Irradiation records in regolith materials, II

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Geochimica et Cosmochimica Acta, ISSN: 0016-7037, Vol: 66, Issue: 16, Page: 2929-2958

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Palma, Russel L.; Becker, Richard H.; Pepin, Robert O.; Schlutter, Dennis J.
Elsevier BV
Earth and Planetary Sciences; Kapoeta howardite; isotopic composition; light noble gases; Stars, Interstellar Medium and the Galaxy
article description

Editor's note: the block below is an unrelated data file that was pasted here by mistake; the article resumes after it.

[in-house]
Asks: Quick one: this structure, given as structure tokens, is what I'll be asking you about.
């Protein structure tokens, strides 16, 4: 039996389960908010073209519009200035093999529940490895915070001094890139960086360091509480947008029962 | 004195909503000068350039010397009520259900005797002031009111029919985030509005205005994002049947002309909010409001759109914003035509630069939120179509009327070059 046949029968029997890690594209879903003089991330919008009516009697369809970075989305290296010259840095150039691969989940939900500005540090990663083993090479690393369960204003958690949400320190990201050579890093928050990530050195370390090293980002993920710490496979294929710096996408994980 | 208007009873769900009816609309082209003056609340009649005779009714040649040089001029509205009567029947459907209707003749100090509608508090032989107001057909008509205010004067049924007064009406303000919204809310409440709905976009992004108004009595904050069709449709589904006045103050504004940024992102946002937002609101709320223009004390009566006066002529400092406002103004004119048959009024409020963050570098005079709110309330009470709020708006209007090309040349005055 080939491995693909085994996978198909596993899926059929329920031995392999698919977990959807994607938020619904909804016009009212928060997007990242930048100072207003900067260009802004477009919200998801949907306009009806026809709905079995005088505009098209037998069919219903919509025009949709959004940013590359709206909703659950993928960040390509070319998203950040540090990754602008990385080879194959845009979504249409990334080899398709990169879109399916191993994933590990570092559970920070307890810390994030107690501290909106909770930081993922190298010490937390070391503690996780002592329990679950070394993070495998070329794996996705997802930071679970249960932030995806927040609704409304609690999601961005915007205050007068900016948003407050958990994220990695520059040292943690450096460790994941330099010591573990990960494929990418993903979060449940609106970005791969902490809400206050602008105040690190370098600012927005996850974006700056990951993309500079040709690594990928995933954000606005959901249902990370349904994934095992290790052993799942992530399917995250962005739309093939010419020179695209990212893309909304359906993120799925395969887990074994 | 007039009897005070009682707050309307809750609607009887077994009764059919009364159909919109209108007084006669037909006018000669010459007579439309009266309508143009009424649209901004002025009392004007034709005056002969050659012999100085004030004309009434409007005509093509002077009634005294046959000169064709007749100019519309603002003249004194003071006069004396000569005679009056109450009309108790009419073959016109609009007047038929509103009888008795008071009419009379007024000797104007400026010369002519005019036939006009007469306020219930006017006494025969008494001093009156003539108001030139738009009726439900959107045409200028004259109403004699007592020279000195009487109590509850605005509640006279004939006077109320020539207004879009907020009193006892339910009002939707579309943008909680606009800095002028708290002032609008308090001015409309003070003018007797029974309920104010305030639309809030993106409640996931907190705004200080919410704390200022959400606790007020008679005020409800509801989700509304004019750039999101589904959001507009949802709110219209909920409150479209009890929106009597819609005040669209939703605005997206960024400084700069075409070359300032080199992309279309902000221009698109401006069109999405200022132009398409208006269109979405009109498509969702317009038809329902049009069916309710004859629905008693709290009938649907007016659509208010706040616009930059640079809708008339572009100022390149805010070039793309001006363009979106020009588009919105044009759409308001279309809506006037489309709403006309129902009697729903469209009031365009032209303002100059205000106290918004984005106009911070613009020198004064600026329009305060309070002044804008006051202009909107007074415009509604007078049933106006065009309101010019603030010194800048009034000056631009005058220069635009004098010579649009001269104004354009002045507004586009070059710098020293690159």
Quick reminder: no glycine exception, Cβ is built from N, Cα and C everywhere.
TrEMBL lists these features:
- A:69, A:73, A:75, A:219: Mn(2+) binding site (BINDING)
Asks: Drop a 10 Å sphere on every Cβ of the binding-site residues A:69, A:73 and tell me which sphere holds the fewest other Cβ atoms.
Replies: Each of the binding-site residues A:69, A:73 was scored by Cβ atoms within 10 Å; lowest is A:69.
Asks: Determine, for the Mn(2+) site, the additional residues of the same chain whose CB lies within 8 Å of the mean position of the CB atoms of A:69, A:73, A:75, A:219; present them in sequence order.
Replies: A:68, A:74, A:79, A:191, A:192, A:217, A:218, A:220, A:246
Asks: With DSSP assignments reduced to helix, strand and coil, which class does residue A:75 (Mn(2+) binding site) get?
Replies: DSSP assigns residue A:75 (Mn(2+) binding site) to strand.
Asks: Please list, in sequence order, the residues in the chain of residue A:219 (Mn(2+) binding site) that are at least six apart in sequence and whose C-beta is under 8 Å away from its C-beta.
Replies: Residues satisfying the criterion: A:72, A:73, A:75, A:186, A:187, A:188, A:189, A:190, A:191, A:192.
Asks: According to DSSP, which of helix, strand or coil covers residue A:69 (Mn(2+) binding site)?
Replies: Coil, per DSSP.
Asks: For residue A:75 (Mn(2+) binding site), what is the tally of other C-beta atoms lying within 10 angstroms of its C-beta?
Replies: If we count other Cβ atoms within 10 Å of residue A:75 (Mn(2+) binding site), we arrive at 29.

High-resolution stepped heating has been used to extract light noble gases implanted in a suite of 13 individual lunar ilmenite and iron grains and in the Kapoeta howardite by solar wind (SW) and solar energetic particle (SEP) irradiation. Isotopic analyses of gases evolved at low temperatures from the lunar grains confirm the neon and argon compositions obtained by Pepin et al. (Pepin R. O., Becker R. H., and Schlutter D. J., “Irradiation records in regolith materials, I: Isotopic compositions of solar-wind neon and argon in single lunar regolith grains”, Geochim. Cosmochim. Acta 63, 2145–2162, 1999) in an initial study of 11 regolith grains, primarily ilmenites. Combination of the data sets from both investigations yields 20 Ne/ 22 Ne = 13.85 ± 0.04, 21 Ne/ 22 Ne = 0.0334 ± 0.0003, and 36 Ar/ 38 Ar = 5.80 ± 0.06 for the lunar samples; the corresponding 36 Ar/ 38 Ar ratio in Kapoeta is 5.74 ± 0.06. The neon ratios agree well with those measured by Benkert et al. (Benkert J.-P., Baur H., Signer P., and Wieler R., “He, Ne, and Ar from the solar wind and solar energetic particles in lunar ilmenites and pyroxenes”, J. Geophys. Res. (Planets) 98, 13147–13162, 1993) in gases extracted from bulk lunar ilmenite samples by stepped acid etching and attributed by them to the SW. The 36 Ar/ 38 Ar ratios, however, are significantly above both Benkert et al.’s (1993) proposed SW value of 5.48 ± 0.05 and a later estimate of 5.58 ± 0.03 from an acid-etch analysis of Kapoeta (Becker R. H., Schlutter D. J., Rider P. E., and Pepin R. O., “An acid-etch study of the Kapoeta achondrite: Implications for the argon-36/argon-38 ratio in the solar wind”, Meteorit. Planet. Sci. 33, 109–113, 1998). We believe, for reasons discussed here and in our earlier report, that 5.80 ± 0.06 ratio most nearly represents the wind composition. The 3 He/ 4 He ratio in low-temperature gas releases, not measured in the first particle suite, is found in several grains to be indistinguishable from Benkert et al.’s (1993) SW estimate. Elemental ratios of He, Ne, and Ar initially released from grain-surface SW implantation zones are solar-like, as found earlier by Pepin et al. (1999). Gases evolved from these reservoirs at higher temperatures show evidence for perturbations from solar elemental compositions by prior He loss, thermal mobilization of excess Ne from fractionated SW components, or both.